Everyone says you should be a model. You have wondered for for years and now; you are finally going to give modelling a go. You are going to put yourself out there and find out if its true, but before that can happen, it's time for your first model portfolio photoshoot. Time to get some great shots to start your career with and you want to get them right!  So here's some tips on things to do and what to avoid. Scroll Down and Read on!
The headshot - 5 Mistakes to Avoid with your first Modelling Portfolio. Kent Johnson Photography, Sydney, Australia.
  • ONE - No real Headshot! OK you want to have fun with your pictures and that is a great idea but you also need shots that show what your face really looks like. A party shot with your friends or your friends cropped out just won't cut it - that's where the real headshot comes in. Nice and tight. Highlighting your fabulousness. Especially when starting out, your headshot is your business card, the picture that everyone will remember you by, so make that picture a stunning one of unforgettable you!
The model shot VS a portrait - 5 Mistakes to Avoid with your first Modelling Portfolio. Kent Johnson Photography, Sydney, Australia.
  • TWO - Portraits rarely make good portfolio shots! This is a tricky one because essentially your portfolio says who you are but it says YOU in a FASHION way, not a Mum & Dad or me with my family and friends way. Usually the BEST person for this is a Fashion photographer and not a portrait or wedding photographer, although there are of course exceptions. Do your research. You can read my article about Modelling Portfolio Headshots HERE.
Fashion VS Niche theme shoots - 5 Mistakes to Avoid with your first Modelling Portfolio. Kent Johnson Photography, Sydney, Australia.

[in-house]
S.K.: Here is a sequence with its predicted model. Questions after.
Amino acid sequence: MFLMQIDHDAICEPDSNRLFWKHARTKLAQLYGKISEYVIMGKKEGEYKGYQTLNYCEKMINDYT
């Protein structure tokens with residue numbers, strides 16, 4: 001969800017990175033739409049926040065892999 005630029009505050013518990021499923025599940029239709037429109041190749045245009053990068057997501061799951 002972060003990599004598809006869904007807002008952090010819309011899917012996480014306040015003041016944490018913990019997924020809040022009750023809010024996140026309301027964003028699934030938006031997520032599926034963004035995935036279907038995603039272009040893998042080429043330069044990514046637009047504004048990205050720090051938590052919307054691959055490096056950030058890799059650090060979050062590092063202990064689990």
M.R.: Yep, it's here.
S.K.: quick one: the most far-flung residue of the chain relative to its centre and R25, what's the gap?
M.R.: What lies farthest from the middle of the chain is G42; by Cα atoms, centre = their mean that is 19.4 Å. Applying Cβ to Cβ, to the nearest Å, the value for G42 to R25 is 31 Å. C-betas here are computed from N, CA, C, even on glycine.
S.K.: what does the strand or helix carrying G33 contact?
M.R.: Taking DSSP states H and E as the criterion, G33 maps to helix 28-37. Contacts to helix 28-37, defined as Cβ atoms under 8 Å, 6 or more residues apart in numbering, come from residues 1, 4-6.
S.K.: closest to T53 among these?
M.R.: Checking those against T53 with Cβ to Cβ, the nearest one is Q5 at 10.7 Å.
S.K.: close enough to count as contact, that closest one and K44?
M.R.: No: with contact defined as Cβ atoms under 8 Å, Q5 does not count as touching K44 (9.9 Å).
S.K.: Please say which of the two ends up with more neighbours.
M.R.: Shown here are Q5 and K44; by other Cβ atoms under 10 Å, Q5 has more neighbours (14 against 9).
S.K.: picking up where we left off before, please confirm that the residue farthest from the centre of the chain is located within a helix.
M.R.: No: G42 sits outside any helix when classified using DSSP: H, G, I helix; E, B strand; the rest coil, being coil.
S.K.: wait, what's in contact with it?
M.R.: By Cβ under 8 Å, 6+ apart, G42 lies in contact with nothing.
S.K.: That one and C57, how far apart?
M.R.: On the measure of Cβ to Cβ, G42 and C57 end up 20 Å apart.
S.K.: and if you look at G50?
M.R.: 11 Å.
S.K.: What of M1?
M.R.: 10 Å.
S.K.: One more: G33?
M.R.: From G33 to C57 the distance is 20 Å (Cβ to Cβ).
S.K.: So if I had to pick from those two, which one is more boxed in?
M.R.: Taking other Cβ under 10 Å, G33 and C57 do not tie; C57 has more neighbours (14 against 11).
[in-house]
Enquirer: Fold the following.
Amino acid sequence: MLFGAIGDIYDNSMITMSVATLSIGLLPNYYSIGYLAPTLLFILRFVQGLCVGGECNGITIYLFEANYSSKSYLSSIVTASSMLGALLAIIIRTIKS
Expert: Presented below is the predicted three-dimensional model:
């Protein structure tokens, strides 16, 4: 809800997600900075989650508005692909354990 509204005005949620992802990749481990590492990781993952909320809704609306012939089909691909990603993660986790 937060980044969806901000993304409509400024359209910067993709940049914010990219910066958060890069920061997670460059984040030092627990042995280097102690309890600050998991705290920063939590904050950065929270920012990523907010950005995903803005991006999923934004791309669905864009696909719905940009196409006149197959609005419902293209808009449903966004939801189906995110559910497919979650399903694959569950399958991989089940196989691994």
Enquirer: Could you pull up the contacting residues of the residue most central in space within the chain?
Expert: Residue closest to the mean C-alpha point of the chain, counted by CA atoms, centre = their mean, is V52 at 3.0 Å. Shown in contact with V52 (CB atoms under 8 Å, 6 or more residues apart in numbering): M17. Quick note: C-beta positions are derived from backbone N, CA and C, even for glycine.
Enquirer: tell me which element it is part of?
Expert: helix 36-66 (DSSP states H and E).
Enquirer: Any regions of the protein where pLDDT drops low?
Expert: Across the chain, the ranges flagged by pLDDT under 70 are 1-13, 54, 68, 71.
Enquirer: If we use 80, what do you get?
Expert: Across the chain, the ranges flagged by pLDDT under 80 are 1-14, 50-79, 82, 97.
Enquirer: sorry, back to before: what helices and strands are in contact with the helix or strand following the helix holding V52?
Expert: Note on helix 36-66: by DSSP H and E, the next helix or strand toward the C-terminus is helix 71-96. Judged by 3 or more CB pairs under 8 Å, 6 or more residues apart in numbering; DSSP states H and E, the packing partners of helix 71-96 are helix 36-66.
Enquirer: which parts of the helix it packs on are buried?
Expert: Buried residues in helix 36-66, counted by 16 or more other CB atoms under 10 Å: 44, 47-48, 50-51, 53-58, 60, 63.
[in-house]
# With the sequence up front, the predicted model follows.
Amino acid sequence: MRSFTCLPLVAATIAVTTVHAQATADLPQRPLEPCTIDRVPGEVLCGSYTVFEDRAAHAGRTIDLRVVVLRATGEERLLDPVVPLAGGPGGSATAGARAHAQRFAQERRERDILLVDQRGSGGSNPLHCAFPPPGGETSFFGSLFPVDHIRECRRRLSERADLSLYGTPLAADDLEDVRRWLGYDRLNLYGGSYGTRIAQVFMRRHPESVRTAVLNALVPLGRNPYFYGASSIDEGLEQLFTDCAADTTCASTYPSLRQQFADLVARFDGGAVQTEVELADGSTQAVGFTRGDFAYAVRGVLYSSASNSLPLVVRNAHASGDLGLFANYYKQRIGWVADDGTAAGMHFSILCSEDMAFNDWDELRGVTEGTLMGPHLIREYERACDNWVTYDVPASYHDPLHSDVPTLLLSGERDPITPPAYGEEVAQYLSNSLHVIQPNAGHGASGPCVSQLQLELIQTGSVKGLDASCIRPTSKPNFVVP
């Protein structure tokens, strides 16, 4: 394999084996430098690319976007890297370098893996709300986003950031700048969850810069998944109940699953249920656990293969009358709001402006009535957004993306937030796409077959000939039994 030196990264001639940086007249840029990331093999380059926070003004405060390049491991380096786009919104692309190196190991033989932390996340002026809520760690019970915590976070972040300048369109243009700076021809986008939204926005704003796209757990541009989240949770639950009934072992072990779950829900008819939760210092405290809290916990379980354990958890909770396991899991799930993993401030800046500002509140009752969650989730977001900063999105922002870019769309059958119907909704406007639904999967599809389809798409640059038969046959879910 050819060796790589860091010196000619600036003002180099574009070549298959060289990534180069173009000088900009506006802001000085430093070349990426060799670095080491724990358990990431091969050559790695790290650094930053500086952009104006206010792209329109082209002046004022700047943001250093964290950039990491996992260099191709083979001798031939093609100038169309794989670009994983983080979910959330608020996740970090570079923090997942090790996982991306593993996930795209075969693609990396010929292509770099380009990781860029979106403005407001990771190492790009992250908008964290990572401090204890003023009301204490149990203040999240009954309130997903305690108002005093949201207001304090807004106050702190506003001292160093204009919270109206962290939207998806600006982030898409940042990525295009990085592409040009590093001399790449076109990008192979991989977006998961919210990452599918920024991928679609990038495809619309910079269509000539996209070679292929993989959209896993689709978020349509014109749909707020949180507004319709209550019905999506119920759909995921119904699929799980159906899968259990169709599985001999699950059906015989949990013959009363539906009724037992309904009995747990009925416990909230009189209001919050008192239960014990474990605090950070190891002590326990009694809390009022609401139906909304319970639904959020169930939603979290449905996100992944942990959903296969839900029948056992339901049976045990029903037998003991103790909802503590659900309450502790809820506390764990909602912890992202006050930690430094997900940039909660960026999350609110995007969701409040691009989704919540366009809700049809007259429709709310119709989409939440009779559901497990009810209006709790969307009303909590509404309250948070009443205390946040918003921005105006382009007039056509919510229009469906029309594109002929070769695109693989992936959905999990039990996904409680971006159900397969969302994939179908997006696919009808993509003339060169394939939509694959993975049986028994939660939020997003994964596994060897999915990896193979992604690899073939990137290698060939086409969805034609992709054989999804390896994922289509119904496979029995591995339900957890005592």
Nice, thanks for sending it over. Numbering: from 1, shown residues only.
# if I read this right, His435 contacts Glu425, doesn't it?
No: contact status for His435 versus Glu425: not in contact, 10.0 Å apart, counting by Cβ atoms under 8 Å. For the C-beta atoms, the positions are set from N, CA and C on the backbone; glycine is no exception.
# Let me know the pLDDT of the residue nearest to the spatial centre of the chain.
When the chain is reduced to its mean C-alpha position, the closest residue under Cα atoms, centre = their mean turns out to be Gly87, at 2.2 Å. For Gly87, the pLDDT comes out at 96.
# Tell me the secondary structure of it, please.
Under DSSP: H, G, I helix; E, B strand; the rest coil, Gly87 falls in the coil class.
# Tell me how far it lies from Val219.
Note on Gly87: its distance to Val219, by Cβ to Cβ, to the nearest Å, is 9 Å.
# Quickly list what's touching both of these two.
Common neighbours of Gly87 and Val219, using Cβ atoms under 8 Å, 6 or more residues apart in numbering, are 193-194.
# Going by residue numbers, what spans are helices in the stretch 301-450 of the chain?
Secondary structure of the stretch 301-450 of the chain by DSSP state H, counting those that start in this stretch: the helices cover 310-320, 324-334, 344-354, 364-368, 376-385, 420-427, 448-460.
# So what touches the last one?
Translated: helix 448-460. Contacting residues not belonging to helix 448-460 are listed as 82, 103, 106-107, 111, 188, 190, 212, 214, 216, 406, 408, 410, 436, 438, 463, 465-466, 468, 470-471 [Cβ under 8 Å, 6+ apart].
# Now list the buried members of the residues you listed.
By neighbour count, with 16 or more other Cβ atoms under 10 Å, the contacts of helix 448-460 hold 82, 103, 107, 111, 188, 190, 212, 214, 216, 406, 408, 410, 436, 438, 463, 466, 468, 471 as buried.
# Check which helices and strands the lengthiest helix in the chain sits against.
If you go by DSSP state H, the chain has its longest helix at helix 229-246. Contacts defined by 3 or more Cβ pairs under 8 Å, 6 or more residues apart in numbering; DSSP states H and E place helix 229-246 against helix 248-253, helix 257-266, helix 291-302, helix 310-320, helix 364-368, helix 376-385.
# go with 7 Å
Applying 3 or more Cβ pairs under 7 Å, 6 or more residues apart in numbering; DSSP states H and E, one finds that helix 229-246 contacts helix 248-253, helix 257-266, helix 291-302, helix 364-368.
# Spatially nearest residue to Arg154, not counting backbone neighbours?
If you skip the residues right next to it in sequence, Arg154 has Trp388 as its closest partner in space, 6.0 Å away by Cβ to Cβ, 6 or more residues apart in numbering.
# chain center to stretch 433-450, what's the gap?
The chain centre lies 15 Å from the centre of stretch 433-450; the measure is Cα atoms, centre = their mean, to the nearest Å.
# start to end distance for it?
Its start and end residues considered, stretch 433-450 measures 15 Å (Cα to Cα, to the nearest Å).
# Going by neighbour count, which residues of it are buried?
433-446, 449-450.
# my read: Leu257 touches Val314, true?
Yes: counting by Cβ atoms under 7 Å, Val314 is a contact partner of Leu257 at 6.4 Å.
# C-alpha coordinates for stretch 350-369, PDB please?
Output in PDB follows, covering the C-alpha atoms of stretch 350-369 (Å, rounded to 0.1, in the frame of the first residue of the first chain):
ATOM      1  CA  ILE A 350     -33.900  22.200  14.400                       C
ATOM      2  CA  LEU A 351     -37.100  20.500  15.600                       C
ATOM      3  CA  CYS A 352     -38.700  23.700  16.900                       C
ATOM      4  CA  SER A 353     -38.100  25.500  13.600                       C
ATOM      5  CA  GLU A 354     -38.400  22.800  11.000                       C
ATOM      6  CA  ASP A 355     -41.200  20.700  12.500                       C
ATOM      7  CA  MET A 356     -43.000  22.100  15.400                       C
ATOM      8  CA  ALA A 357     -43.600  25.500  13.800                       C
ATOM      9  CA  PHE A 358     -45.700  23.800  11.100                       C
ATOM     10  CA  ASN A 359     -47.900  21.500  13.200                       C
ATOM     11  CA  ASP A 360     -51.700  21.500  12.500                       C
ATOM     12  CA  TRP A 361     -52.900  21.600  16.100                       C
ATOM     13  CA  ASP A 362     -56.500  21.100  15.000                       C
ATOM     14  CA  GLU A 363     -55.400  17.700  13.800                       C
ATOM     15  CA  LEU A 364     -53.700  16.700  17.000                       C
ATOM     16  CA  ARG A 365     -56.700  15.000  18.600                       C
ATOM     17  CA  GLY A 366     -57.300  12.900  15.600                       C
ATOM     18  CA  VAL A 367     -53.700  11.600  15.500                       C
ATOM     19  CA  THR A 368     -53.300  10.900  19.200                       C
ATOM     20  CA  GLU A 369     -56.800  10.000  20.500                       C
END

• THREE - Avoid heavily themed photoshoots. Of course we all love seeing pictures of people dressed as their favourite Cosplay character or super seductress, however it is not really the look you are after in your modelling portfolio especially at the beginning. Stay with the mainstream looks which are Fashion, Fitness, Health & Beauty.. Don't worry you can still book that themed shoot when it happens, get paid for it and have shots for your portfolio as well. Everything in good time.
  • FOUR - Avoid not looking like who you are.. You are you and there is no-one else like you! This believe it or not is your greatest strength. It might just be worth remembering that before they became famous, famous models were just themselves.. Work on shots that show YOU at your best, work with the best photographers you can; they will be able to help you to find your strengths as a model.
    The comp card - 5 Mistakes to Avoid with your first Modelling Portfolio. Kent Johnson Photography, Sydney, Australia.
  • FIVE - Leave the landscape pictures to the landscape photographers. What does that mean? Make sure the picture is about you and not a beautiful seascape sunset shot that you happen to be a little bit of over there, somewhere... (Not that there's anything wrong with great landscape pictures). Or some crazy spot where you blend in almost completely. Again, do your research BEFORE the shoot, check out the photographers work, you will see right away how they place their subject (the model) in their photographs. If you are shooting on location, you want to find a photographer who understands how to make you the key element in the composition, no matter where the picture is taken.
The location shot - 5 Mistakes to Avoid with your first Modelling Portfolio. Kent Johnson Photography, Sydney, Australia.
Kent Johnson is a Sydney based Fashion and model portfolio photographer. He has been published in numerous Australian Fashion Magazines and has had his photography exhibited in major photographic exhibitions. To see more of Kent's Fashion work click here, to learn more about his Modelling portfolio's click here.